The only problem is evaluating the spline itself. Evaluating a linear spline is pretty cheap, but we have to find the appropriate knot points to evaluate. Traditionally, we find these with binary search again. Note that the spline is much smaller than the original data, but still we want to avoid the binary search. Thus, we construct a polynomial function to predict the spline knot, again minimizing the Chebyshev norm, which allows us to consider only a small subset of spline nodes, leading to the before mentioned time bound.

How well does this work in practice? On the map data set from the learned indexes paper and a log normal data set we get the following. (The learned indexes numbers are from the paper, the b-tree numbers are from here, and the spline numbers from this experiments. I still do not really know what the averages mean for the learned indexes, but probably the average errors averaged over all models).

Map datasize (MB)avg error
Learned Index (10,000)0.158 ± 45
Learned Index (100,000)1.532 ± 36
B-tree (10,000)0.15225
B-tree (100,000)1.5322
Spline (10,000)0.15193
Spline (100,000)1.5322

Log normal datasize (MB)avg error
Learned Index (10,000)0.1517,060 ± 61,072
Learned Index (100,000)1.5317,005 ± 60,959
B-tree (10,000)0.151330
B-tree (100,000)1.533
Spline (10,000)0.15153
Spline (100,000)1.531

Somewhat surprising the accuracy the accuracy of the spline is nearly identical to the interpolating b-tree for the real-world map data, which suggests that the separators span the domain reasonably well there. For the log normal data the spline is significantly better, and leads to nearly perfect predictions. Note that the original data sets contains many millions of data points in both cases, thus the prediction accuracy is really high.

For practical applications I still recommend the B-tree, of course, even though the polynomial+spline solution is in "O(1)" while the B-tree is in O(log n). I can update a B-tree just fine, including concurrency, recovery, etc., while I do not know how to do that with the polynomial+spline solution.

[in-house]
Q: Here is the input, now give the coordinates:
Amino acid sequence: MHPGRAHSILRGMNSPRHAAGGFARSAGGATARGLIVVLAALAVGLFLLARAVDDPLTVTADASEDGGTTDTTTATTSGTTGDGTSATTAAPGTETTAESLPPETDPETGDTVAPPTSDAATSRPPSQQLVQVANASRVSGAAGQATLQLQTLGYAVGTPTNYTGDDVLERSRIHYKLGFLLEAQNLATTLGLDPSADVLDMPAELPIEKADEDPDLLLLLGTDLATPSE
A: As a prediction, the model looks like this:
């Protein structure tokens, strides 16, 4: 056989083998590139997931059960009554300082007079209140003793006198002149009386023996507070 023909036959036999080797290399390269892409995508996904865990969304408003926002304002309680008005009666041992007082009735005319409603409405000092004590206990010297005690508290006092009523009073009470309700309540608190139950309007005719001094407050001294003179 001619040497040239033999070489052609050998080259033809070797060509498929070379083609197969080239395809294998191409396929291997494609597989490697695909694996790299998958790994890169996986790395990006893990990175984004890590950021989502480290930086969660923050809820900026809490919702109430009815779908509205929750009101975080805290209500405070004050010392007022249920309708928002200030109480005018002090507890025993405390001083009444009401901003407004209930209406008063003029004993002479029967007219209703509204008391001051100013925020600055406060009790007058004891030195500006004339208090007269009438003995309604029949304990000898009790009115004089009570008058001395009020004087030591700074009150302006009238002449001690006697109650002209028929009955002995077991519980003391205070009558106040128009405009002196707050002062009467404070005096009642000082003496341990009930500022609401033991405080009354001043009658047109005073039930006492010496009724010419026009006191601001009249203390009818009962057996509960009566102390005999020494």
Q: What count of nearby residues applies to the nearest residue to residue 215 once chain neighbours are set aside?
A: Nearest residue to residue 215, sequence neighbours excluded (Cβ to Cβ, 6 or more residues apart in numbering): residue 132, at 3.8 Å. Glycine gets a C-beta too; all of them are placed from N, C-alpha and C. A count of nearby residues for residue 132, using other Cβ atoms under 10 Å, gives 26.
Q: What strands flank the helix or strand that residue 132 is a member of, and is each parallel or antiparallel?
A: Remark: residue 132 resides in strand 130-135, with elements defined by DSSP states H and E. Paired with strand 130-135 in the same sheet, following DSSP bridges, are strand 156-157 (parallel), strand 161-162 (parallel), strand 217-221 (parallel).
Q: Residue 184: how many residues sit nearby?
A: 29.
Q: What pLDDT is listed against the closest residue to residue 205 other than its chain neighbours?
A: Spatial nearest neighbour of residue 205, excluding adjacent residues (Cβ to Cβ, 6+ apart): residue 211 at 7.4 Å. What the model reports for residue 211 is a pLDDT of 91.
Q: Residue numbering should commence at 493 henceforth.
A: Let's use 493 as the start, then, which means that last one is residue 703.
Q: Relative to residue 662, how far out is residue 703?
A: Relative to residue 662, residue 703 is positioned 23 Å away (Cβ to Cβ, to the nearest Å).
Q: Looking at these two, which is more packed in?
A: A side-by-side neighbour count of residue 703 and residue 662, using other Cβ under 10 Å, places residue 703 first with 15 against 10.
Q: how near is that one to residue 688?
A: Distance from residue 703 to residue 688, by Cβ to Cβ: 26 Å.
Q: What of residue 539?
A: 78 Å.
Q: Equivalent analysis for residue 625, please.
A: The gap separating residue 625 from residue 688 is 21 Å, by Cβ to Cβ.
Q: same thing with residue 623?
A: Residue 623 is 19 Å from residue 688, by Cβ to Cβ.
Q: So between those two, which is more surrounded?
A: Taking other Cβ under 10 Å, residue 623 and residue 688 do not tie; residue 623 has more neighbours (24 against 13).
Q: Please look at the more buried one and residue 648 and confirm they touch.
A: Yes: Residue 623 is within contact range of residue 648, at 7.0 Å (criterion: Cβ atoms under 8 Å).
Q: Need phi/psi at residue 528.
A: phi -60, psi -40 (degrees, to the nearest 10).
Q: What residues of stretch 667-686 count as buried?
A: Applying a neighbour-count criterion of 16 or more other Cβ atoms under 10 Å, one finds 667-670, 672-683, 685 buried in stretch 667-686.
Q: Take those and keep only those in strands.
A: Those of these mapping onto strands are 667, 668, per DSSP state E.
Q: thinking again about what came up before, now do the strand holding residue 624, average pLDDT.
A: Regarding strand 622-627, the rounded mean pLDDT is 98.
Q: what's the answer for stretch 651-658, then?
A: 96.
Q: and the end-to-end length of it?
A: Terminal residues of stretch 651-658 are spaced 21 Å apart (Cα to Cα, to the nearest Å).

But if one wants to go the read-only/read-mostly route, the function functions could be attractive alternative the machine learning. The advantage of using fits is that the algorithms are reasonably fast, we understand how they work, and they give strong guarantees for the results.

Friday, February 1, 2019

Honest asymptotic complexity for search trees and tries

Fun fact that was pointed out to me by Viktor: All traditional books on algorithms and data structures that we could find gave the lookup costs of balanced search trees as O(log n) (i.e., the depth of the search tree), and the lookup costs of tries as O(k) (i.e., the length of the key). At a first glance this is a logarithmic time lookup against a linear time lookup, which makes people nervous when thinking about long keys.

But that argument is very unfair: Either we consider a key comparison a O(1) operation, then a tree lookup is indeed in O(log n), but then a trie lookup is in O(1)! As the length of the key has to be bounded by a constant to get O(1) comparisons, the depth of the trie is bounded, too. Or the length of the key matters, then a trie lookup is indeed in O(k), but then a tree lookup is in O(k log n). We have to compare with the key on every level, and if we are unlucky we have to look at the whole key, which gives the factor k.

Which of course makes tries much more attractive asymptotic wise. Note that we ignore wall clock times here, which are much more difficult to predict, but in many if not most cases tries are indeed much faster than search trees.

I believe the reason why text books get away with this unfair comparison is that they all present balanced search trees with integer keys:

image/svg+xml 8 10 4 1 6
While tries are traditionally introduced with string examples. If they had used string keys for balanced search trees instead it would have been clear that the key length matters:

image/svg+xml ABCD8 ABCD10 ABCD4 ABCD1 ABCD6
The trie examines every key byte at most once, while the search tree can examine every key byte log n times. Thus, the asymptotic complexity of tries is actually better than that of balanced search tries.

Friday, June 8, 2018

Propagation of Mistakes in Papers